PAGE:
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What's Love Got to Do With It--ask FINRA.
Written: April 22, 2009
By Bill Singer
The Financial Industry Regulatory Authority, Wall Street's self-regulatory organization, recently settled a disciplinary case against former Cowen & Company senior research analyst Dhulsini Hermani De Zoysa, who primarily covered companies that produce cardiovascular, orthopedic and wound care devices. FINRA alleged that in two research reportsin 2006 and 2007, De Zoysa cited both a 2005 and a 2006 survey of 8,000 wound care centers; and in 2007 that referenced a non-existent Q1 2007 survey of 155 electrophysiology labs.
Unfortunately, the 2006 wound care survey and the electrophysiology survey never took place. As such, the four reports that De Zoysa published between July 2006 and May 2007 not only misrepresented the existence of the two surveys but also contained conclusions that she apparently based upon those fictitious events,
On August 2, 2007, Cowen's General Counsel informed De Zoysa that the firm was investigating the accuracy and content of her research, and she was instructed to retain and not alter any relevant documents or information, including such materials on computer discs, her laptop, or other electronic format. Nonetheless, De Zoysa created on her laptop a 2006 wound care survey questionnaire, and then deleted six documents. Cowen terminated her on August 27.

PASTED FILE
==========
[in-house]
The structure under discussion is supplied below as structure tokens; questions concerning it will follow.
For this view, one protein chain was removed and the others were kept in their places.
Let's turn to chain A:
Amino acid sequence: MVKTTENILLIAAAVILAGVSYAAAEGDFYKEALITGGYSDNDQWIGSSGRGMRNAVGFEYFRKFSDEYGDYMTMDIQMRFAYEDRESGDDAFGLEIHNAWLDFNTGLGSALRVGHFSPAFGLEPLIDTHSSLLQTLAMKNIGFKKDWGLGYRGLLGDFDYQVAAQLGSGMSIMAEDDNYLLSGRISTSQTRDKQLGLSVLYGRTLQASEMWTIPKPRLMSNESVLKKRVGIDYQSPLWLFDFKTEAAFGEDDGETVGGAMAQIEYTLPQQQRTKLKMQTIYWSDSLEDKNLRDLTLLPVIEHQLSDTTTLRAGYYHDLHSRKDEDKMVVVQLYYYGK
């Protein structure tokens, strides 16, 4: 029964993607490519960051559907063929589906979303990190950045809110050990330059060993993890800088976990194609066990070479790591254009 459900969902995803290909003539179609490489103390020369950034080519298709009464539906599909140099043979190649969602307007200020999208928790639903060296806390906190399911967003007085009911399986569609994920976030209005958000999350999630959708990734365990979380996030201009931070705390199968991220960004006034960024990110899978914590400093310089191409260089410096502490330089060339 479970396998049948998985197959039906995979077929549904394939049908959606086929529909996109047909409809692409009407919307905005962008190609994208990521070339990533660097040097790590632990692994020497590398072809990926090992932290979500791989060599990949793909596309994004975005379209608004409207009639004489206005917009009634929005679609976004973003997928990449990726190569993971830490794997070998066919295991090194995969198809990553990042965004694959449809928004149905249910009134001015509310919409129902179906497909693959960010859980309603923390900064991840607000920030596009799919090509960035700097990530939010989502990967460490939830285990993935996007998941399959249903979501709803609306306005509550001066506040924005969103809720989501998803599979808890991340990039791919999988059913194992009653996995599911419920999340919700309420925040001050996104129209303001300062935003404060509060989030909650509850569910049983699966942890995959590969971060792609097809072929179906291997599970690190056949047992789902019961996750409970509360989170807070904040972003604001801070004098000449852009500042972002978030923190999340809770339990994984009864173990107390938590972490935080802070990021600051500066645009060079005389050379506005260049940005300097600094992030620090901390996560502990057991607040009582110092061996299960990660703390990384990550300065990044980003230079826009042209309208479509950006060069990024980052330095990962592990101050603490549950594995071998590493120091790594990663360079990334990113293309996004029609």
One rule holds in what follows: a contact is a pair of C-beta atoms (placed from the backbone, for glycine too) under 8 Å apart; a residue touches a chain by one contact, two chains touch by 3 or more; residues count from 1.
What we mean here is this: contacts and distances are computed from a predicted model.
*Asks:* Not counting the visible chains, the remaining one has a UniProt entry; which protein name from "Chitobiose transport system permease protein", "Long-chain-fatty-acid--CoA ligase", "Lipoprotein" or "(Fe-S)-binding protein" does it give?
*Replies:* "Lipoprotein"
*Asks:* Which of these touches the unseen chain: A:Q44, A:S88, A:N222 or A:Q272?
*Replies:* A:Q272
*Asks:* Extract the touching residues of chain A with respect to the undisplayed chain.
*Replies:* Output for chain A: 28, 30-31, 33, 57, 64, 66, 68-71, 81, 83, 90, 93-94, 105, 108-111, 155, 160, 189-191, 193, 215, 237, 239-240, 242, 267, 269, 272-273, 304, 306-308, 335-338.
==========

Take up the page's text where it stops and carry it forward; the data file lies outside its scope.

FINRA Steps In
FINRA charged De Zoysa with three counts.
First, that her discussions in four research reports of non-existent surveys resulted in false, exaggerated, unwarranted or misleading statements. Okay, that much seems a fair charge based upon what we know.
Second, FINRA charged De Zoysa with altering and deleting documents on her laptops in contravention of the General Counsel’s explicit instructions. Again, doesn't seem like she has much of defense based upon the allegations.
As part of the FINRA disciplinary process, De Zoysa settled the charges without admitting or denying the findings, and consented to the imposition of a$10,000 fine; A Bar from association with any FINRA member in any capacity requiring Series 86 and/or Series 87 (Research Analyst) registration, and A Suspension from association with any member firm in any capacity for 12 months.
You may have noticed that I only set forth above two of FINRA’s three counts against De Zoysa. I left out that third charge just to make things a bit more interesting.
Third, FINRA alleged that from September 2005 through December 2005, De Zoysa had a romantic relationship with the Chairman and Chief Executive Officer of a company that she covered as a research analyst. FINRA charged De Zoysa with failing to disclose in 19 published research reports her romantic relationship with an executive of a company in her coverage area/ The regulator concluded that the romantic relationship was an actual, material conflict of interest.
What's Love Got To Do With It?